EU: Visa Information System: Commission proposals sneak in mandatory biometrics for long-stay visas

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Visa Information System: Commission proposals sneak in mandatory biometrics for long-stay visas
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EU rules on visa processing oblige all applicants for short-stay visas to provide a variety of personal data, including a photograph and scans of all ten fingerprints, for storage in the central database of the Visa Information System (VIS). Regarding long-stay visas, it is up to Member States to decide what information is taken from applicants - but recent proposals to revamp the VIS include a provision that would introduce a mandatory biometrics requirement. There has been no attempt to demonstrate the necessity or proportionality of this proposal.

Expanding the Visa Information System

In mid-May the European Commission published proposals to amend the legal basis of the VIS, citing the need to "better respond to evolving security and migratory challenges and improve the EU's external border management.".

The VIS is a database used by all Schengen states to assist in processing short-stay visa applications, for example by making it possible to see whether an individual has made previous applications and whether they were successful or not.

The central system can currently hold up to 52 million short-stay visa applications, although under the proposals it is foreseen that it would be necessary to add data on some 22 million long-stay visas and residence permits issued by the Member States.

Inclusion of long-stay visas and residence permits

The proposal to include data on long-stay visas and residence permits in the VIS has come about following the identification of an "information gap" by the High-Level Expert Group on Information Systems and Interoperability, followed by a number of studies concerning the feasibility, necessity and proportionality of filling that gap, as well as two public consultations - one on lowering the fingerprinting age to six years old and the other on including long-stay visa and residence permit data in the system.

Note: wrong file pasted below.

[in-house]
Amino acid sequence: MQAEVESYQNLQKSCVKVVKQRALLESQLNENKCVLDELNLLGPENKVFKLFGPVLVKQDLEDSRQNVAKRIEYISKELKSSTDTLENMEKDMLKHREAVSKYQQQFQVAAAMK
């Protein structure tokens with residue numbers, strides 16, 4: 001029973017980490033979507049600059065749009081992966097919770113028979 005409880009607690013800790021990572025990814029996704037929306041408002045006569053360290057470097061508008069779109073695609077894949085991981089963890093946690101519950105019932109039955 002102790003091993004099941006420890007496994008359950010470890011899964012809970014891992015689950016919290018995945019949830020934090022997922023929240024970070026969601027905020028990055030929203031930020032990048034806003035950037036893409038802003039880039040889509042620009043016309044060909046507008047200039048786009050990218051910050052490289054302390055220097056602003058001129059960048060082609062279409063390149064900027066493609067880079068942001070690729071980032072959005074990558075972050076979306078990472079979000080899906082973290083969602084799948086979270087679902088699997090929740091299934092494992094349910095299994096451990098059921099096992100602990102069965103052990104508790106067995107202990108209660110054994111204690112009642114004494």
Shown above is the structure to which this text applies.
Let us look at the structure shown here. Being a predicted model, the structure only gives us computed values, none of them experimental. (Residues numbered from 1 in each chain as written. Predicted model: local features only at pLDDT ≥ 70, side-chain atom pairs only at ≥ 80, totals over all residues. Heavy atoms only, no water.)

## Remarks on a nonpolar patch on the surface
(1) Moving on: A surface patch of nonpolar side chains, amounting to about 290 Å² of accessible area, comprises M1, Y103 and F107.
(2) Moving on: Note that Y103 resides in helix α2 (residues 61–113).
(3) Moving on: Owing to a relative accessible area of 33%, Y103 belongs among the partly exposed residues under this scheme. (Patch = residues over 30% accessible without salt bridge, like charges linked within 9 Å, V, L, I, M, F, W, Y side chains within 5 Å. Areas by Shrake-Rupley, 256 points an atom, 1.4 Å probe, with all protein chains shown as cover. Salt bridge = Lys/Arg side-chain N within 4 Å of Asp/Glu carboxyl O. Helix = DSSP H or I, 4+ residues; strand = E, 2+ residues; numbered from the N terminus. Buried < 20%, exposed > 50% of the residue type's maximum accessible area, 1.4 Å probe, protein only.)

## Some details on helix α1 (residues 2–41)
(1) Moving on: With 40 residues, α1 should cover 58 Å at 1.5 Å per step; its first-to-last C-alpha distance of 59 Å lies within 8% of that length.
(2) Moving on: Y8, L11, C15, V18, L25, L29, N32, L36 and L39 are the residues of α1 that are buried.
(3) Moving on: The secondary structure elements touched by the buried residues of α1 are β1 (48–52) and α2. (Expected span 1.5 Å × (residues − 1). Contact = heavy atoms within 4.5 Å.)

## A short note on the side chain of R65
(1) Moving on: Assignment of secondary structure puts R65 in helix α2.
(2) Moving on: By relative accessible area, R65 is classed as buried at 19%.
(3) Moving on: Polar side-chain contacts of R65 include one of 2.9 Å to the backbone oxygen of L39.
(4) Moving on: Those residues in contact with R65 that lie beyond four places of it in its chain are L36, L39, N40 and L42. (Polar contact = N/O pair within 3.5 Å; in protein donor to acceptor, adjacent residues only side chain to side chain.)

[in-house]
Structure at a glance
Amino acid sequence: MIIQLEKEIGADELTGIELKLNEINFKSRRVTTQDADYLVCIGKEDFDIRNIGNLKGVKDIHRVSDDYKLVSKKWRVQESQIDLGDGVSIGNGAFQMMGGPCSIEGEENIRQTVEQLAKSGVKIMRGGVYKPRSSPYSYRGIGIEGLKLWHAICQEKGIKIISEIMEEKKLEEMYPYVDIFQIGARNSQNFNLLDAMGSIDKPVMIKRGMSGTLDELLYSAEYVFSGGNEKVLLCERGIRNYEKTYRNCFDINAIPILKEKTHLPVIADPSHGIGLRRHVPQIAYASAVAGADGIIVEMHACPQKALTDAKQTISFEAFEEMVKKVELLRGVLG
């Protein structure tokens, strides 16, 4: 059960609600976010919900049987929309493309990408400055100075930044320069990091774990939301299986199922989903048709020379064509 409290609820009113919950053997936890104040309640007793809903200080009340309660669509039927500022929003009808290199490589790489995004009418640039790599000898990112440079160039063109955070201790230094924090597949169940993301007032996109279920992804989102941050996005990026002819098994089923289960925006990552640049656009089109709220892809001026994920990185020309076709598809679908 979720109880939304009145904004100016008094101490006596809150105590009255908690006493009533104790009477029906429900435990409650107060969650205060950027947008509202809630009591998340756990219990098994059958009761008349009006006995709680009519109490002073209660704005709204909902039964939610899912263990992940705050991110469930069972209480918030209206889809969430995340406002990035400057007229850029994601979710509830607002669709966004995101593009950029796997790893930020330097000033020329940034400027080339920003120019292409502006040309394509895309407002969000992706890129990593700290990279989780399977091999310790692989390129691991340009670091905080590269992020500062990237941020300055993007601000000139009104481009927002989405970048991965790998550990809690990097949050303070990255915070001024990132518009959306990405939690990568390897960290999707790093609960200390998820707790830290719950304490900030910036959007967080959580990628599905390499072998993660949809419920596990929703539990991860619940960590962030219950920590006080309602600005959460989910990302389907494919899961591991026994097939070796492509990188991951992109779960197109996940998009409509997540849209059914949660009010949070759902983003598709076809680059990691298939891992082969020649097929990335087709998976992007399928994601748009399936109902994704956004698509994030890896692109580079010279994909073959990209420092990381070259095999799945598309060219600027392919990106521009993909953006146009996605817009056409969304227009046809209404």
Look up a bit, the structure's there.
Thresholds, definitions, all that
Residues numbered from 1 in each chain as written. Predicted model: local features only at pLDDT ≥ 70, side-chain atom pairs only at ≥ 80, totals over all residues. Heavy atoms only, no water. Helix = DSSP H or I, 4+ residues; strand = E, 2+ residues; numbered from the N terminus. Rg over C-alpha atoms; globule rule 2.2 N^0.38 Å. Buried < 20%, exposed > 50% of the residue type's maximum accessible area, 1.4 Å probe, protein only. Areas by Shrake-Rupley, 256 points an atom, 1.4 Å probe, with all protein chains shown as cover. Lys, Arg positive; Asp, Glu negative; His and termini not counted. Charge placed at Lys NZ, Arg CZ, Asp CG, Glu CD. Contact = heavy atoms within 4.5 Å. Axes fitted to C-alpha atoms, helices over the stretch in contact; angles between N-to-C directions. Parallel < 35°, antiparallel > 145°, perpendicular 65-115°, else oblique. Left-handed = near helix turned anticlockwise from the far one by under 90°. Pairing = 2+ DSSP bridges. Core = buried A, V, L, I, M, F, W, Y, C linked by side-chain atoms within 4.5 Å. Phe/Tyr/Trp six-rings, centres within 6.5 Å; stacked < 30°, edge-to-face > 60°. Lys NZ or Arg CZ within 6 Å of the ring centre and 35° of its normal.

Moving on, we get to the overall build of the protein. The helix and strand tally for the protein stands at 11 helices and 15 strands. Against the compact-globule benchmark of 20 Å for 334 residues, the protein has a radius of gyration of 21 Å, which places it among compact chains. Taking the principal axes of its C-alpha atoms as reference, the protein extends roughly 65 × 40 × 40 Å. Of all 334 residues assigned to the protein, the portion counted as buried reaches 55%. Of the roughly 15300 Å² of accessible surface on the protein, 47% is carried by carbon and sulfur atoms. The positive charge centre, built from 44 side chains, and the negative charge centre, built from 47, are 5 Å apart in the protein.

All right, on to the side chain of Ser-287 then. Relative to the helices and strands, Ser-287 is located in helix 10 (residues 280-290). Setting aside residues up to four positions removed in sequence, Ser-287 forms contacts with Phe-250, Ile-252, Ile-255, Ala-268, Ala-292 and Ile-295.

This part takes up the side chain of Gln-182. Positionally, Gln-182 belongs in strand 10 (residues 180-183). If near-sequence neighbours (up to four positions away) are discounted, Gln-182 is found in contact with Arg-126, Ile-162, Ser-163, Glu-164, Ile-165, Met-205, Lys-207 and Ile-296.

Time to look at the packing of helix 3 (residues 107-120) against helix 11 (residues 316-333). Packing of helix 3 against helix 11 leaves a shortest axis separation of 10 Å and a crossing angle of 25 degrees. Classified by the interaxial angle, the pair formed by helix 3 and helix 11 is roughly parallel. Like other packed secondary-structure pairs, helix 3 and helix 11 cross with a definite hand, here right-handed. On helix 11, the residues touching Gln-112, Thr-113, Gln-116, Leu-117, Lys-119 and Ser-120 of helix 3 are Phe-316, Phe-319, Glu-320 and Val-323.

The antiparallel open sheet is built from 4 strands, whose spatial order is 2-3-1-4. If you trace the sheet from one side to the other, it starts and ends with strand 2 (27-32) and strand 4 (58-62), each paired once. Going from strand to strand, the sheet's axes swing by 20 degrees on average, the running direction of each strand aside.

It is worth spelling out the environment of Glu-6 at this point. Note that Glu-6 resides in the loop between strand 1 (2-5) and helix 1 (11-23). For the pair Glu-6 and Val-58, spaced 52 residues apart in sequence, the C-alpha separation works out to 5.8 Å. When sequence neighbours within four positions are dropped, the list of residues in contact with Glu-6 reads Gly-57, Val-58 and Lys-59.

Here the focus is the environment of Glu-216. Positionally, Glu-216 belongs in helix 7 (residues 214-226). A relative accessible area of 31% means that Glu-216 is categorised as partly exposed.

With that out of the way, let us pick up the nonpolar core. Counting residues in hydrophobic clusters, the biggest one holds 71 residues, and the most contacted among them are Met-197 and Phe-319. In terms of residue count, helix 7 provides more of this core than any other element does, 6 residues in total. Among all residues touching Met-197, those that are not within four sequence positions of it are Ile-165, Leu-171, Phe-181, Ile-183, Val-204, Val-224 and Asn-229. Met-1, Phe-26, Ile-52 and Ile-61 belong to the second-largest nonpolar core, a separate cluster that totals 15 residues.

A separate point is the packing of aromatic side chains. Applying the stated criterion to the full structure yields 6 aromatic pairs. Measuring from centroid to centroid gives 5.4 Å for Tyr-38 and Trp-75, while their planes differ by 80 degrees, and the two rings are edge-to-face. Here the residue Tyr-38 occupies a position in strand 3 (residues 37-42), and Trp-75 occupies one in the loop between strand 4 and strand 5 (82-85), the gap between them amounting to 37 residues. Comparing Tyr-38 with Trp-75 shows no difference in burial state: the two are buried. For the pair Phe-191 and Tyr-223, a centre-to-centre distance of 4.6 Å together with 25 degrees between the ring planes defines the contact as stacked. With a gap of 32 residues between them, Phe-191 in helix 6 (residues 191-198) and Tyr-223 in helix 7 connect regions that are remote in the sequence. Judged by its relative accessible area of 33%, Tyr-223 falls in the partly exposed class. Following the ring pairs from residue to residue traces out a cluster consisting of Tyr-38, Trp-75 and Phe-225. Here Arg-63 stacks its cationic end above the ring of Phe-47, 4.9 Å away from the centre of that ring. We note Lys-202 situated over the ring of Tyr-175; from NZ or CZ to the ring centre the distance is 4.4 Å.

Under the proposals, various new items of personal data would be included in the VIS concerning long-stay visa and residence permit holders, including: names; nationality; sex; date of birth; travel document information; and employer, if relevant. [1]

Long-stay biometrics

That proposal also calls for the inclusion of "a facial image of the holder, particularly where taken live" and "two fingerprints of the holder, in accordance with the relevant Union and national legislation."

While there are already EU rules requiring the inclusion of two fingerprints and a photo in residence permits for non-EU nationals, the latter proposal is problematic regarding long-stay visas - as things stand, the Member States are responsible for determining the format of those visas and a number of them do not require long-stay visa applicants to have their fingerprints taken.

A study by the European Migration Network highlights some of the divergences between Member State practices concerning biometric data and long-stay visas and makes clear that there are some Member States that explicitly exclude fingerprinting, although regarding photos the situation is less clear.

One of the annexes to the European Commission's impact assessment states that:

"not all Member States collect and store biometrics and even when they do, a different number of fingerprints is collected with different quality criteria. This means that to enable such a use-case, the way the documents are issued would have to be harmonised to include the requirements of capturing and storing biometric identifiers according to common standards."